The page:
24. Gross Inequities 24 Compared with low-poverty U.S. schools, high-poverty U.S. schools have: More teachers teaching in areas outside their certification subjects; More serious teacher turnover problems; More teacher vacancies; Larger numbers of substitute teachers; More limited access to computers and the Internet; Inadequate facilities (such as science labs);

    25. Gross Inequities (cont’d) 25 More dirty or inoperative bathrooms; More evidence of vermin such as cockroaches and rats; Insufficient classroom materials Less rigorous curricula; Fewer experienced teachers; Lower teacher salaries; Larger class sizes; and Less funding.

    26. Gross Inequities (Seriously, I’m not making this up…) 26 Loughrey, D., and Woods, C. (2010). Sparking the imagination: Creative experts working collaboratively with children, teachers and parents to enhance educational opportunities. Support for Learning, 25(2), 81-90. Palardy, G. J. (2008). Differential school effects among low, middle, and high social class composition schools: A multiple group, multilevel latent growth curve analysis. School Effectiveness and School Improvement, 19(1), 21-49. Sepe, C., and Roza, M. (2010). The disproportionate impact of seniority-based layoffs on poor, minority students. Seattle, WA: Center for Reinventing Public Education.

    27. III. Conceptualizing Equity

    28. III. Introducing Equity Literacy • Shift from focusing centrally on vague notions of “culture” to focusing centrally on equity • Understanding culture or cultural diversity is not the same as understanding equity or inequity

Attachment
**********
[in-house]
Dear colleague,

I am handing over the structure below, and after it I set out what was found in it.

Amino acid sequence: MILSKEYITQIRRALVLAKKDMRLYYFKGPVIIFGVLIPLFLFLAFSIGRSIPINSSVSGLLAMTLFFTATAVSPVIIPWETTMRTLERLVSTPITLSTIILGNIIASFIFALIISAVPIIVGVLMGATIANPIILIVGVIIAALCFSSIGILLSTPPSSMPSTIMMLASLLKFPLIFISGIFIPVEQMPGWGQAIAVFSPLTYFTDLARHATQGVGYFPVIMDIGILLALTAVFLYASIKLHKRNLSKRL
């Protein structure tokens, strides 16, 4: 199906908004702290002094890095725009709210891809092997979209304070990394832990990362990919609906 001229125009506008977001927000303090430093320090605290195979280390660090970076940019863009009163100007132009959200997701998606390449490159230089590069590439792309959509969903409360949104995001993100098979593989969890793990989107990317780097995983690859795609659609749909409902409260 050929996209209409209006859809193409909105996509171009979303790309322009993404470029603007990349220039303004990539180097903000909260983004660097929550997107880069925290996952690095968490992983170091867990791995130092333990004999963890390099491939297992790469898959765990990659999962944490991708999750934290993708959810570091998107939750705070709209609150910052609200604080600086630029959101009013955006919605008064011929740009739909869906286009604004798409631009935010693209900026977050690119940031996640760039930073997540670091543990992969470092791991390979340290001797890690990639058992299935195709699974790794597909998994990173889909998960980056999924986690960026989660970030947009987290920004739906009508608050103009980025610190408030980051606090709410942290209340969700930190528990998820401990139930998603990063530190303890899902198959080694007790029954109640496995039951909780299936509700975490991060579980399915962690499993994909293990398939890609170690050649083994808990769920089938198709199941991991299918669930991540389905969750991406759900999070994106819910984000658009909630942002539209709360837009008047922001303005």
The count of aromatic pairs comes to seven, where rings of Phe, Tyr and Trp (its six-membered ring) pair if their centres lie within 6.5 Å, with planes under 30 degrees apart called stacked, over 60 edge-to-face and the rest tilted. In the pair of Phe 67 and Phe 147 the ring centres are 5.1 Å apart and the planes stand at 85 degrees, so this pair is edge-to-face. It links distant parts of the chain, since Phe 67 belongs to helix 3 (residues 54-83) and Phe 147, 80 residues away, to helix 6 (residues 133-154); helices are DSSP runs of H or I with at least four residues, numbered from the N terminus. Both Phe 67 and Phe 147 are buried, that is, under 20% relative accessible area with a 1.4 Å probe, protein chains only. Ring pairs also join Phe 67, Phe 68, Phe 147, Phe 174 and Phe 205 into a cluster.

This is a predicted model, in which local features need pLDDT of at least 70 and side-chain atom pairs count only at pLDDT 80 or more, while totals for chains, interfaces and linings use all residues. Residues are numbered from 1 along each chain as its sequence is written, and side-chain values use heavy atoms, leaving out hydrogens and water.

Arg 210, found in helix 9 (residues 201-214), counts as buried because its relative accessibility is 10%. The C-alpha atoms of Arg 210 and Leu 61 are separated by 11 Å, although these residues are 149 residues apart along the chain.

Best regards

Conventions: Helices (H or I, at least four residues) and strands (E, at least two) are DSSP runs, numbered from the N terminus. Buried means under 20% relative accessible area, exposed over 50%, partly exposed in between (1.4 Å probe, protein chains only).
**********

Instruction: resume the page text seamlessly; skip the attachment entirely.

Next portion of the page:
29. III. Introducing Equity Literacy Four Abilities • Recognize inequity (even subtle) • Respond to inequity (immediate term, interpersonal or institutional) • Redress inequity (institutional or systemic) • Sustain equity

    30. III. Conceptualizing Equity • How do you define “equity”? What does it look like?

    31. III. Conceptualizing Equity Important Concepts • Equity vs. Equality • Deficit Ideology • Interest Convergence Theory • Hidden Curriculum

    32. III. Conceptualizing Equity Important Concept #1 • Equity vs. Equality

    33. The Big Difference

    34. III. Conceptualizing Equity Important Concept #2 • Deficit Ideology

    35. The Three Ideologies • Deficit ideology • “Grit” ideology • Structural ideology Low-income student not doing well in class. One evening you contact a parent who doesn’t respond. What are your assumptions?